By Grace Thornton
The Alabama Baptist
Sometimes if a train comes through town at just the right time, the service might start at 11:15 instead of 11. Or they might start a little late if it takes a minute to get all the children to sit down.
But no matter what Helton Memorial Chapel Missionary Baptist Church, Stevenson, opens its doors every Sunday morning and gets started eventually.
Filling the pulpit
In recent years they’ve “only missed two services and that’s because of flooding in the area,” said church member JoBeth Gamble.
That in and of itself is an amazing sign of God’s provision, she said. Mid-July will mark five years that the little church has been without a pastor but every week they’ve had someone in the pulpit.
“It’s in a very, very remote setting but they’ve never missed church because they didn’t have somebody to preach,” said Dwight Everett, director of missions for Tennessee River Baptist Association.
The church, which backs up to a mountain, was built in 1900 after local doctor Pleasant H. Helton passed away and his wife donated the property to build a church. The building has the original bell, and up until a couple of years ago its water source was a gravity-fed spring off the mountain.
The church is on the North Alabama Hallelujah Trail, a list of 32 churches that are at least a century old, still stand on their original sites, are accessible to the public and still hold services. Round Mountain Baptist Church, Cedar Bluff, in Cherokee Baptist Association is also on the trail, as is Church of the Forest, Houston, in Winston Baptist Association.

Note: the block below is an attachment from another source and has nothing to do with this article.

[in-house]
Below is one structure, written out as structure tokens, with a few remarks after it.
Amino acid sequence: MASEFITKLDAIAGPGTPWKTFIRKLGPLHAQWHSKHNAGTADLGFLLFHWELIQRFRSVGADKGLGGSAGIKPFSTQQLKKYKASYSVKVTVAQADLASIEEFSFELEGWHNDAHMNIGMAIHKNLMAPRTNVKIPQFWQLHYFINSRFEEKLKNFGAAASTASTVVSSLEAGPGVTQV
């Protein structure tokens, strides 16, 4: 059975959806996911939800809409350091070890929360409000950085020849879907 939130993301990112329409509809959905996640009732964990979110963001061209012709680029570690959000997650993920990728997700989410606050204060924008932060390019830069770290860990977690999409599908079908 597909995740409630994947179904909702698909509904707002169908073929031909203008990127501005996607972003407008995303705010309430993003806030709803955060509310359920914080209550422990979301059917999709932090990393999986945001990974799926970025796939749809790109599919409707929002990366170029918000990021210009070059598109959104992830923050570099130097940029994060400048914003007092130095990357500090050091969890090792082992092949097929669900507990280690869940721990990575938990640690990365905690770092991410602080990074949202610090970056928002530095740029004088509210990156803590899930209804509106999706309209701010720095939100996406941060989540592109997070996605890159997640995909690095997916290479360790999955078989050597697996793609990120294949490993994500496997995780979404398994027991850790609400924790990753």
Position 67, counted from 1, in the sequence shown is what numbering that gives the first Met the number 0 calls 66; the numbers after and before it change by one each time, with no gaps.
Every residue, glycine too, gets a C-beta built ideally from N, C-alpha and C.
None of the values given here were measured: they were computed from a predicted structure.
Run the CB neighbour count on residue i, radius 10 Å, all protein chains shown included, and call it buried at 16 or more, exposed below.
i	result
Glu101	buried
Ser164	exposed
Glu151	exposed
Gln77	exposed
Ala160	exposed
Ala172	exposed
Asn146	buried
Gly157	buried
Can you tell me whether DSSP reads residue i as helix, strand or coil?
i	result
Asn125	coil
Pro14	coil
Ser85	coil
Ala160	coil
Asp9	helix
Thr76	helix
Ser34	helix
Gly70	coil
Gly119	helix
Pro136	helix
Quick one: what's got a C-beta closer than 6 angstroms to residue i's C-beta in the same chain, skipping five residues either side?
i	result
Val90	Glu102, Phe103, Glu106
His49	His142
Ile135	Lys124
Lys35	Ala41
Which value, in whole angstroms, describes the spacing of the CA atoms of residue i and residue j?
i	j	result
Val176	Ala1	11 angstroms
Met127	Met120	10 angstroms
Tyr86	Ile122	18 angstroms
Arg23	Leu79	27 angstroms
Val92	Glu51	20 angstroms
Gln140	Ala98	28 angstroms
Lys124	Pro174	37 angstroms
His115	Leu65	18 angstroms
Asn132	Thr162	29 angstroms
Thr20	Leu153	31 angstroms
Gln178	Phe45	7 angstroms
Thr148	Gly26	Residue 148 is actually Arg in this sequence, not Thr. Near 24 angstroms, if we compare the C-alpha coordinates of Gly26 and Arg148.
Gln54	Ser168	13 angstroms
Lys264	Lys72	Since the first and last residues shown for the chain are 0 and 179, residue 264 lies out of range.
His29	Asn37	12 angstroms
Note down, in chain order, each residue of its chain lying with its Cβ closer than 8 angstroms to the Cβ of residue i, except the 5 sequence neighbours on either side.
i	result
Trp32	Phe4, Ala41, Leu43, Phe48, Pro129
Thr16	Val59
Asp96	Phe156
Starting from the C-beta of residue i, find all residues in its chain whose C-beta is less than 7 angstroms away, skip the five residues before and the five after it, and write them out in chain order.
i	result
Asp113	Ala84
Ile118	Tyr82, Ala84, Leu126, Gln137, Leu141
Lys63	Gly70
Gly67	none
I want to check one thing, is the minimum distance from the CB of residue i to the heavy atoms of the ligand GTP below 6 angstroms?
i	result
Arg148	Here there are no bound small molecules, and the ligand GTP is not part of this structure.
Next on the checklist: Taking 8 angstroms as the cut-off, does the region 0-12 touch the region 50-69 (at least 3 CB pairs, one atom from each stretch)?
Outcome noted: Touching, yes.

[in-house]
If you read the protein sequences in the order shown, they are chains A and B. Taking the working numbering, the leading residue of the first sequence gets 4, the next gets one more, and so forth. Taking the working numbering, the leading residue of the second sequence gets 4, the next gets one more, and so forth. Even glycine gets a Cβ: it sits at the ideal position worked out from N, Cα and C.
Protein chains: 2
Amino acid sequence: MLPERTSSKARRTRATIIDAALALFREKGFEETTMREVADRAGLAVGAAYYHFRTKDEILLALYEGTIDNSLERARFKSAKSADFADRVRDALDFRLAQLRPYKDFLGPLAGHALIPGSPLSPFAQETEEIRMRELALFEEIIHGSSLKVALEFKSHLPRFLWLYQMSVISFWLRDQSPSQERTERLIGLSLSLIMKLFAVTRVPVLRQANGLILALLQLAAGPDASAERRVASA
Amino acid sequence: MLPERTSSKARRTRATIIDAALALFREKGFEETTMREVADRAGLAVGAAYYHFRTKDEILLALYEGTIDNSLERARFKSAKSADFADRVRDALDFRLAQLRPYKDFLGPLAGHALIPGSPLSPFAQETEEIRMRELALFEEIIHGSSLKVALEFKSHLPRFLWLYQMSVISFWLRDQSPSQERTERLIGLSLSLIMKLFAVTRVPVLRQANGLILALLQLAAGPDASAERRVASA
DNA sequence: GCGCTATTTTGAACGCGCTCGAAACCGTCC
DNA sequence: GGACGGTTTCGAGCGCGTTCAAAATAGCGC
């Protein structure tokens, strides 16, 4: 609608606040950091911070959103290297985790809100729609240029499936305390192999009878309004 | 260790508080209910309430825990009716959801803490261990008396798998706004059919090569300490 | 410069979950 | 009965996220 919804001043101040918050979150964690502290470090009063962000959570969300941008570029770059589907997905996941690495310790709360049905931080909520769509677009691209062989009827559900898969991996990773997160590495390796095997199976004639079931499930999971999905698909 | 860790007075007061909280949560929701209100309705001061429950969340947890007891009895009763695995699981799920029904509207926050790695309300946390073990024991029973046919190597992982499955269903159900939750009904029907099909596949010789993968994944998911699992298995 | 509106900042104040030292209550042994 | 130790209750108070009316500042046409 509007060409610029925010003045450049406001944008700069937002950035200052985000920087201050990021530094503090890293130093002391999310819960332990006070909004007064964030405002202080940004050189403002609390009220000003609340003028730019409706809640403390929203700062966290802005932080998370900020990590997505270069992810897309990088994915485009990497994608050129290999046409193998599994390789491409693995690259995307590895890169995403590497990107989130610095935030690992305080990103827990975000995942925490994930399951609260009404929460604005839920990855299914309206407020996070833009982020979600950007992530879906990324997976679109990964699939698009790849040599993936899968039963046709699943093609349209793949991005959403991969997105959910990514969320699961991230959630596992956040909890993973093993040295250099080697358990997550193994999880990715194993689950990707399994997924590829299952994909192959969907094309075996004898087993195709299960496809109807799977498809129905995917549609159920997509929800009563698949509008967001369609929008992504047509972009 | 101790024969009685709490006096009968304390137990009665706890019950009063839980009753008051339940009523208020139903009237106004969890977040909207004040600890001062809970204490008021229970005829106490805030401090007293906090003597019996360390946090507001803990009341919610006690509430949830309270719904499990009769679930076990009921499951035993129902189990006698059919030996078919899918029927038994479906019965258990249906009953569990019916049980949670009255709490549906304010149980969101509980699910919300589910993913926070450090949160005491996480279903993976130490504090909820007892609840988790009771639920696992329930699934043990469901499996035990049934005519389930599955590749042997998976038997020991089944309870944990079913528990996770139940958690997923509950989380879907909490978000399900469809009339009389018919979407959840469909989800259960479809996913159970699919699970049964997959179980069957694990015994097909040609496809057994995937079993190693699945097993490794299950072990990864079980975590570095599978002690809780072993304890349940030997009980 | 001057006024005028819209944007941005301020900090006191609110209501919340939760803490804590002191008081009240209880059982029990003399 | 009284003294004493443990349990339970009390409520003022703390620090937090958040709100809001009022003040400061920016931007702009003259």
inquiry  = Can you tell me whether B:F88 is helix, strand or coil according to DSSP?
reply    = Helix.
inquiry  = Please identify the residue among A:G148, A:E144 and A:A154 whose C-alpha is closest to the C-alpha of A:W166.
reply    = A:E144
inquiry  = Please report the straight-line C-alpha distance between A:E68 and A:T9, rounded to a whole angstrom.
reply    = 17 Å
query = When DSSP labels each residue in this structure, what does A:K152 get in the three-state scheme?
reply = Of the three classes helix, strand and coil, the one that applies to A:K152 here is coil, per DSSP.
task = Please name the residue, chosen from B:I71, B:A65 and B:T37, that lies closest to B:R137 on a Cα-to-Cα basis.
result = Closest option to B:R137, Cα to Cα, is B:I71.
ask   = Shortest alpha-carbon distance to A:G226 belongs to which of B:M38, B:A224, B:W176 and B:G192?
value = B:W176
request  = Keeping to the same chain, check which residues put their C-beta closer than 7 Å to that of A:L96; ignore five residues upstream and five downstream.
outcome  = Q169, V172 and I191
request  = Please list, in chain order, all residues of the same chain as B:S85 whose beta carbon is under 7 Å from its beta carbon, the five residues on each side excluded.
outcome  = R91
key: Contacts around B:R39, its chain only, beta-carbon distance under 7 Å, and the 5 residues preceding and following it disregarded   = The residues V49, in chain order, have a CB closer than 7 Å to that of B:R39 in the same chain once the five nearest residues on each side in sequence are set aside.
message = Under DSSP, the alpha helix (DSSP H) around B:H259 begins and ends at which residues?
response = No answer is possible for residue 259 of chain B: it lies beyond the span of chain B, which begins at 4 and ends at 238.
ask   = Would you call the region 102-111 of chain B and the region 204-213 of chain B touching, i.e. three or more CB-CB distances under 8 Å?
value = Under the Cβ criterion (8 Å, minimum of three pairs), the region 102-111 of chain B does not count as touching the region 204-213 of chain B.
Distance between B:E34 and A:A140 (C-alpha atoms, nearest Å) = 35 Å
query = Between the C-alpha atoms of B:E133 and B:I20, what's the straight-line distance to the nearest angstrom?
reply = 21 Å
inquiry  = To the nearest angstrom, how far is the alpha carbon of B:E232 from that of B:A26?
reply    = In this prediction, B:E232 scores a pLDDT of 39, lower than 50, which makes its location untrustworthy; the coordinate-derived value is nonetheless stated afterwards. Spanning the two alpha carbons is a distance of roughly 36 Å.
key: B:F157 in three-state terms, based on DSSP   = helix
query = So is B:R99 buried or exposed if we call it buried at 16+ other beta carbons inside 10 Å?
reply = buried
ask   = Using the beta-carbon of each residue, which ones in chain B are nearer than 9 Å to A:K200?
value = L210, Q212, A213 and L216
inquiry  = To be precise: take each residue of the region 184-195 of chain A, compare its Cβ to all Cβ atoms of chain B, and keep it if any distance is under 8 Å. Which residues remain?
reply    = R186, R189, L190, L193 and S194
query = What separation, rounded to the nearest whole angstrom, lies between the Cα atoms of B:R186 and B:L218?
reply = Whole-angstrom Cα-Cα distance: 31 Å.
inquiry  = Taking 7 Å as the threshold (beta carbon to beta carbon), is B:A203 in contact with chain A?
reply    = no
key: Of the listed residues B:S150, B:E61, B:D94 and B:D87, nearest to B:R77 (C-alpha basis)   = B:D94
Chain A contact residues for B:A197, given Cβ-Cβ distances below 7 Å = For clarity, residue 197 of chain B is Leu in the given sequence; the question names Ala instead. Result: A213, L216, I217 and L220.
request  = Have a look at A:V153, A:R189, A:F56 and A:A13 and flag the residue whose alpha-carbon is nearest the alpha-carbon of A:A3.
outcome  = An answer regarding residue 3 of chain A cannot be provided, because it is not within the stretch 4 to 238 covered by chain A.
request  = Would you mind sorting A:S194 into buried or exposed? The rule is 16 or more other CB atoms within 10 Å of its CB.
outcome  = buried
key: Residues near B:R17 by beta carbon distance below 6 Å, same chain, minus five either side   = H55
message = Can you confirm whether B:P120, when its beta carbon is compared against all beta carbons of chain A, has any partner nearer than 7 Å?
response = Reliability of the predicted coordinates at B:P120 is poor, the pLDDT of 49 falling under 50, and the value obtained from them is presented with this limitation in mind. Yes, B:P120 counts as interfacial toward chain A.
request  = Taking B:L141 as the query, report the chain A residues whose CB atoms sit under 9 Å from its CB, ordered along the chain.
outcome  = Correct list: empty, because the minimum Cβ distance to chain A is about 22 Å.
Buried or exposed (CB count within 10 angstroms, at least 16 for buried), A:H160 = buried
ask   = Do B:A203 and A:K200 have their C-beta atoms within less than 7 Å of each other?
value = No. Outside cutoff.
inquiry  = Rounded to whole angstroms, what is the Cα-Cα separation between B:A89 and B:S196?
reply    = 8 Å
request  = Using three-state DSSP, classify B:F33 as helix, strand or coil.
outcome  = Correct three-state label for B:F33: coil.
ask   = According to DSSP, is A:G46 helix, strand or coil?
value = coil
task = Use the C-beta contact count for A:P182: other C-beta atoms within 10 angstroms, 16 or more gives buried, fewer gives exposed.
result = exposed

Helton Memorial “is a sweet, sweet fellowship,” Everett said. “They’ve said they have always known they were a starter church for young preachers but young preachers just don’t come this way anymore.”
‘There for a reason’
Their last pastor stayed as long as he could, preaching from a stool behind the pulpit until his health wouldn’t allow him to anymore. Now others, including Everett, fill in each week.
Gamble said she feels like God is still blessing the church.
“We’re there for a reason,” she said. “We have high hopes God is going to send us another pastor.”
It’s a small congregation but they have some young families and last year with the help of other churches in the association they conducted Vacation Bible School.
The association also jumped in to help rebuild some of their classroom floors after flooding caused them to rot.
“It’s totally amazing the way God has provided — I just have to sing His praises,” Gamble said. “We can still pay the bills and there are still people coming. I love that place and I know it’s where I’m supposed to be.”
For more information about the North Alabama Hallelujah Trail, visit northalabama.org/trails/hallelujah.